That first Jeep he used to cart away customers' junk had 80,000 miles on it and was 10 years old. "The transmission dropped out of it in my third month of business. It wasn't funny at the time, but it is funny now," he says.
But, as he did more jobs for people in his neighborhood, he noticed that he had an edge on competitors.
"I realized that my background in the military stayed with me. When you say 'Yes, sir' and 'Yes, ma'am' to a customer, you're on time, you show respect, integrity and trust, it makes a big difference," he explains. "I got a reputation in my neighborhood that if you want a junk removal service or something hauled away, you need to call this military guy."
Although he had his nephew and some friends occasionally helping out, the amount of work started to grow to three or four jobs a day, beyond what he could handle.
"I needed employees," he explains. "I wanted to hire a veteran to work with me because our brand was a veteran-owned business."
So Flanagan's first stop was the Coatesville, Pennsylvania, Veterans Affairs Medical Center to try to find any vets that needed work. There he learned about the Veterans Health Administration's Compensated Work Therapy program, which helps veterans living with mental illness or physical impairment find jobs.
In 2012, when Flanagan started hiring, the unemployment rate for veterans who served on active duty after September 2001 was 9.9 percent, according to the Bureau of Labor Statistics. In 2016, that number was 5.1 percent, the BLS reported.
Through the Veterans Affairs program, Flanagan found one of his first employees — a U.S. Army veteran who had served overseas in Iraq. Flanagan said the experience working for JDog helped the man acclimate to life as a civilian.
"You're doing six jobs in a day, and you're lifting things and people are tipping you and paying you and putting their arms around you, for not only doing a great job in their home, but for your military service," he says. "I think that really resonated."
For Flanagan, that was eye-opening.
"It led me to my purpose," he says. "It made me feel like, wow, I just potentially have changed this guy's life."
He hired more veterans, and in 2014, the business also took on outside investment from Julip Run Capital, allowing Flanagan to scale the business as a franchise, selling locations only to service members and their families. The estimated initial investment costs to buy a JDog franchise amount to between $45,100 and $95,000, according to the company. There is no real estate or storefront required; franchisees just need a truck and trailer.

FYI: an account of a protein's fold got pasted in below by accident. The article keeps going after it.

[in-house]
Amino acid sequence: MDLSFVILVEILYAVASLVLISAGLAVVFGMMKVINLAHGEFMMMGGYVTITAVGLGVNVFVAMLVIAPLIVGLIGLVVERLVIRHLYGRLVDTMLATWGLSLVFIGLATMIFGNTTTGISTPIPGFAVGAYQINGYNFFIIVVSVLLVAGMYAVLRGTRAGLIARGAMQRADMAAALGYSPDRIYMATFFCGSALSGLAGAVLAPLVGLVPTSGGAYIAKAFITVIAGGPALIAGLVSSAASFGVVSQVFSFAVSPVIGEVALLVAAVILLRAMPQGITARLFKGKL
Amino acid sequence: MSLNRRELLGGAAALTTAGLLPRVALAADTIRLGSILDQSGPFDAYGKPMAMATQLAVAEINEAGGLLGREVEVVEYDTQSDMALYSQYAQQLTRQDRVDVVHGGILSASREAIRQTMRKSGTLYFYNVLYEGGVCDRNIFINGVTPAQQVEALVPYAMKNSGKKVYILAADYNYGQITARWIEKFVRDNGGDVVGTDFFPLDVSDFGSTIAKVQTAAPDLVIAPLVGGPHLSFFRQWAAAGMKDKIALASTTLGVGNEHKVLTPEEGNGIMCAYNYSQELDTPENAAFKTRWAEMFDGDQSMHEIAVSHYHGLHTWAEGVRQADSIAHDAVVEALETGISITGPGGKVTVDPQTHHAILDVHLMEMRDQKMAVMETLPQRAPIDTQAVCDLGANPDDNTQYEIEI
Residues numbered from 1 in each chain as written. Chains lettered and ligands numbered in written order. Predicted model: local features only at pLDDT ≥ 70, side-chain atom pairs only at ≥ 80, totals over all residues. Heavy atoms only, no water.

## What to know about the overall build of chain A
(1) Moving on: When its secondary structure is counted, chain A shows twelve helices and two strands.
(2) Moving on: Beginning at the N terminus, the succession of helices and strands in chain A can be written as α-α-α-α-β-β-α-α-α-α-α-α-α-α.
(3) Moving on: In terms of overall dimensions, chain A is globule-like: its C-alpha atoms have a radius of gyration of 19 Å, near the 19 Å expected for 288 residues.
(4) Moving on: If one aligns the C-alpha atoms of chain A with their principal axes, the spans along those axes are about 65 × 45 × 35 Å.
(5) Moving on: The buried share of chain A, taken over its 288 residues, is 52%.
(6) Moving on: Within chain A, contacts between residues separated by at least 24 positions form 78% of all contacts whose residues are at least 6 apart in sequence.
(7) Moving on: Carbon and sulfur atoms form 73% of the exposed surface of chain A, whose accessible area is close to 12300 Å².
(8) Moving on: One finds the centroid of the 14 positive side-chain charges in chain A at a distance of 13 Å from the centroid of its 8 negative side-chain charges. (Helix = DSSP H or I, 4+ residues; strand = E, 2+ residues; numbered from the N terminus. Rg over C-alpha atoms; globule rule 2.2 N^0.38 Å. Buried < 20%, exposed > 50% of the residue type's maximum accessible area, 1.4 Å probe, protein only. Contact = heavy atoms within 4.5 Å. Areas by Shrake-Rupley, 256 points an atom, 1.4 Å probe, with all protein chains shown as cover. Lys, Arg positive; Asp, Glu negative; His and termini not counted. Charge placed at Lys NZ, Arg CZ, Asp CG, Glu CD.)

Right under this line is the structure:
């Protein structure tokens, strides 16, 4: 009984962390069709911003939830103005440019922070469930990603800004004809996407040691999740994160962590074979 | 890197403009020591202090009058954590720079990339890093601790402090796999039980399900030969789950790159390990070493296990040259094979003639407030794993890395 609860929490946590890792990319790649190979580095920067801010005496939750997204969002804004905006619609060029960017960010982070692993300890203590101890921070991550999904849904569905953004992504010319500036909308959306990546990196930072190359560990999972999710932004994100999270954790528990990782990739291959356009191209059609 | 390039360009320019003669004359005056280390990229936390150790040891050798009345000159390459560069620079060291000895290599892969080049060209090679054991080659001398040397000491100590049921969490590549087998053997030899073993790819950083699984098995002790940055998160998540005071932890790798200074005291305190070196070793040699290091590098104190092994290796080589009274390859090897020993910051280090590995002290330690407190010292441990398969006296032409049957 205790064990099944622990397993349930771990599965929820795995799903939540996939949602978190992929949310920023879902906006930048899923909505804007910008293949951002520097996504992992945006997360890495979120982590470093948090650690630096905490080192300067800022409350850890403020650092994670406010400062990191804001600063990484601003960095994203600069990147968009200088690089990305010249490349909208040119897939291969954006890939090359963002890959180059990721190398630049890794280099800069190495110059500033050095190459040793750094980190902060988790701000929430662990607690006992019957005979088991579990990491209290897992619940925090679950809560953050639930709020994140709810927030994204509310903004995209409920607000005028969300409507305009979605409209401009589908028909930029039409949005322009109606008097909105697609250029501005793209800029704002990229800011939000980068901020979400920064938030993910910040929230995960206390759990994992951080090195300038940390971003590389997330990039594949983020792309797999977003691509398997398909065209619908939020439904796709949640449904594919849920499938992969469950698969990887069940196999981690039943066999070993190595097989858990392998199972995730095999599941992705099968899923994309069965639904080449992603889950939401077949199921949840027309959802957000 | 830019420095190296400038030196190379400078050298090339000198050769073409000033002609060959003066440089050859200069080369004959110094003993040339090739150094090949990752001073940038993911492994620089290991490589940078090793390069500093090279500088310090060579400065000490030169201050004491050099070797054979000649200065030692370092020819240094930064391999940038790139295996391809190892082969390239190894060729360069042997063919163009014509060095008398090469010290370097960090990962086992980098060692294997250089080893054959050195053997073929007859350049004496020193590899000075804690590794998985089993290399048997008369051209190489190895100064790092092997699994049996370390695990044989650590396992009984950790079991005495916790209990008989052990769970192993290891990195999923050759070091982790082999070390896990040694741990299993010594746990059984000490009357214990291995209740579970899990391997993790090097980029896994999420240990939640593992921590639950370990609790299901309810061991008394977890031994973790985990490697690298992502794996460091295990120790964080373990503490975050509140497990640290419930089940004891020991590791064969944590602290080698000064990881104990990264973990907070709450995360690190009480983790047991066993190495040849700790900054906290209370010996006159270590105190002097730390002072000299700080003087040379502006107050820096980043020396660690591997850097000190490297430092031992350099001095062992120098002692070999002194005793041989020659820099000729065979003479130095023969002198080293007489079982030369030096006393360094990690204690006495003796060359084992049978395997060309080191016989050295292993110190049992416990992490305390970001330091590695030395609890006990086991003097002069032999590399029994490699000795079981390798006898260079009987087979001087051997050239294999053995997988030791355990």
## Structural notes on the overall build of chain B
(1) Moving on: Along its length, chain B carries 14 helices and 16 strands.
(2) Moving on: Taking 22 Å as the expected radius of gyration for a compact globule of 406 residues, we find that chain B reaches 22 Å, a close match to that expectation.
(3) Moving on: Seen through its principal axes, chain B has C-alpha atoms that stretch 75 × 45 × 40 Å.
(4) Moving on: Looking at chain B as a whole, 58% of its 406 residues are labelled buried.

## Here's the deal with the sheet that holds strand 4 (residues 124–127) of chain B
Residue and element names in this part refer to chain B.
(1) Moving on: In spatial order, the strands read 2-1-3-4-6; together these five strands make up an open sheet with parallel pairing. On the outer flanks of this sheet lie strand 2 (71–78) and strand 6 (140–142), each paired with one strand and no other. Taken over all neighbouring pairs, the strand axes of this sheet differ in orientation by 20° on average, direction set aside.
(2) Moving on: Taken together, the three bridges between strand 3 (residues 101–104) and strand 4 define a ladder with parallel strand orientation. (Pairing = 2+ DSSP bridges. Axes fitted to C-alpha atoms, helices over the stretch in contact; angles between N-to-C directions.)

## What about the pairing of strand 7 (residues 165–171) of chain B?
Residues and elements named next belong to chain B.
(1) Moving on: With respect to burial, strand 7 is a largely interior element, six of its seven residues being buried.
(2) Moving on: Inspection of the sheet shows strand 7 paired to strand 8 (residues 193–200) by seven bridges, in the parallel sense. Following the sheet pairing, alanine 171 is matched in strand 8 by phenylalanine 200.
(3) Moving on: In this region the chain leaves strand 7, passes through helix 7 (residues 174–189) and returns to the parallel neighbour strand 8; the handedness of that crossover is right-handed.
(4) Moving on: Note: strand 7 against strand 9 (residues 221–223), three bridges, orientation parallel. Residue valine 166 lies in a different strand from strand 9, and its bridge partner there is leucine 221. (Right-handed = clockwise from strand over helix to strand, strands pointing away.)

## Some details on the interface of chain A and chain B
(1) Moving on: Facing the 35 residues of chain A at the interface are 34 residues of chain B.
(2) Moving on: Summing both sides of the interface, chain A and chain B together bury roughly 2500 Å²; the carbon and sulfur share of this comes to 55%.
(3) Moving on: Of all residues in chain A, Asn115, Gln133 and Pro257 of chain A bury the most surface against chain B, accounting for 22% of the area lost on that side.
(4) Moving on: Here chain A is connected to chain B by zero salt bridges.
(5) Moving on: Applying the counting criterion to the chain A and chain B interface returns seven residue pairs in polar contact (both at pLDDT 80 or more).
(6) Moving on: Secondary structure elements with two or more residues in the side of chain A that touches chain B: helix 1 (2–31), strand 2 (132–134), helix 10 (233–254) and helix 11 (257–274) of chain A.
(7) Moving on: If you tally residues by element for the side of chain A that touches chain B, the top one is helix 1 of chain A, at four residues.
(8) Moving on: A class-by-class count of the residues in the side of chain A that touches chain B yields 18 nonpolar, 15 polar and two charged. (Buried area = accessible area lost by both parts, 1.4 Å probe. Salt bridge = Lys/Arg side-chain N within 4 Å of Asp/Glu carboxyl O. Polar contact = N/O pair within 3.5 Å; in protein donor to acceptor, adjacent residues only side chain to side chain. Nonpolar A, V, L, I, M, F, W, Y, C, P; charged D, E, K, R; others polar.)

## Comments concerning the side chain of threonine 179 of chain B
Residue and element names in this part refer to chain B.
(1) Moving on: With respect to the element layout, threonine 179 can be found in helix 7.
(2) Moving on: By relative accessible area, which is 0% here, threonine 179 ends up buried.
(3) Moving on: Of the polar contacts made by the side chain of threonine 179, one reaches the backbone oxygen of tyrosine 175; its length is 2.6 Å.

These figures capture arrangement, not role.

JDog also has a national agreement with the Veterans Health Administration to help veterans get jobs at the company through the Compensated Work Therapy program across the country.
For Andrew Weins, a U.S. Army Reserve veteran who completed two tours, buying JDog franchises has been a success: From Nov. 1, 2016, through Oct. 31, 2017, the most successful of his three franchises, one in Menomonee Falls, Wis., did over $750,000 in sales. He has 22 employees and 11 trucks.
According to a survey of franchise owners published in JDog's 2017 franchise disclosures, on the high end, owners who had been in business over a year reported making an average of almost $30,000 per month in gross revenue. That means those high performing franchisees are looking at roughly $360,000 in gross revenue per year, putting Weins well above average.
Although starting another business was a risk after his retail company failed, Flanagan, who now leads the company as the CEO, says he'd do it again.
"To me, I would keep taking chances," he says. "If you believe that you can get up earlier than everybody else, and work later than everybody else and work harder than everybody else, eventually you're going to get it."
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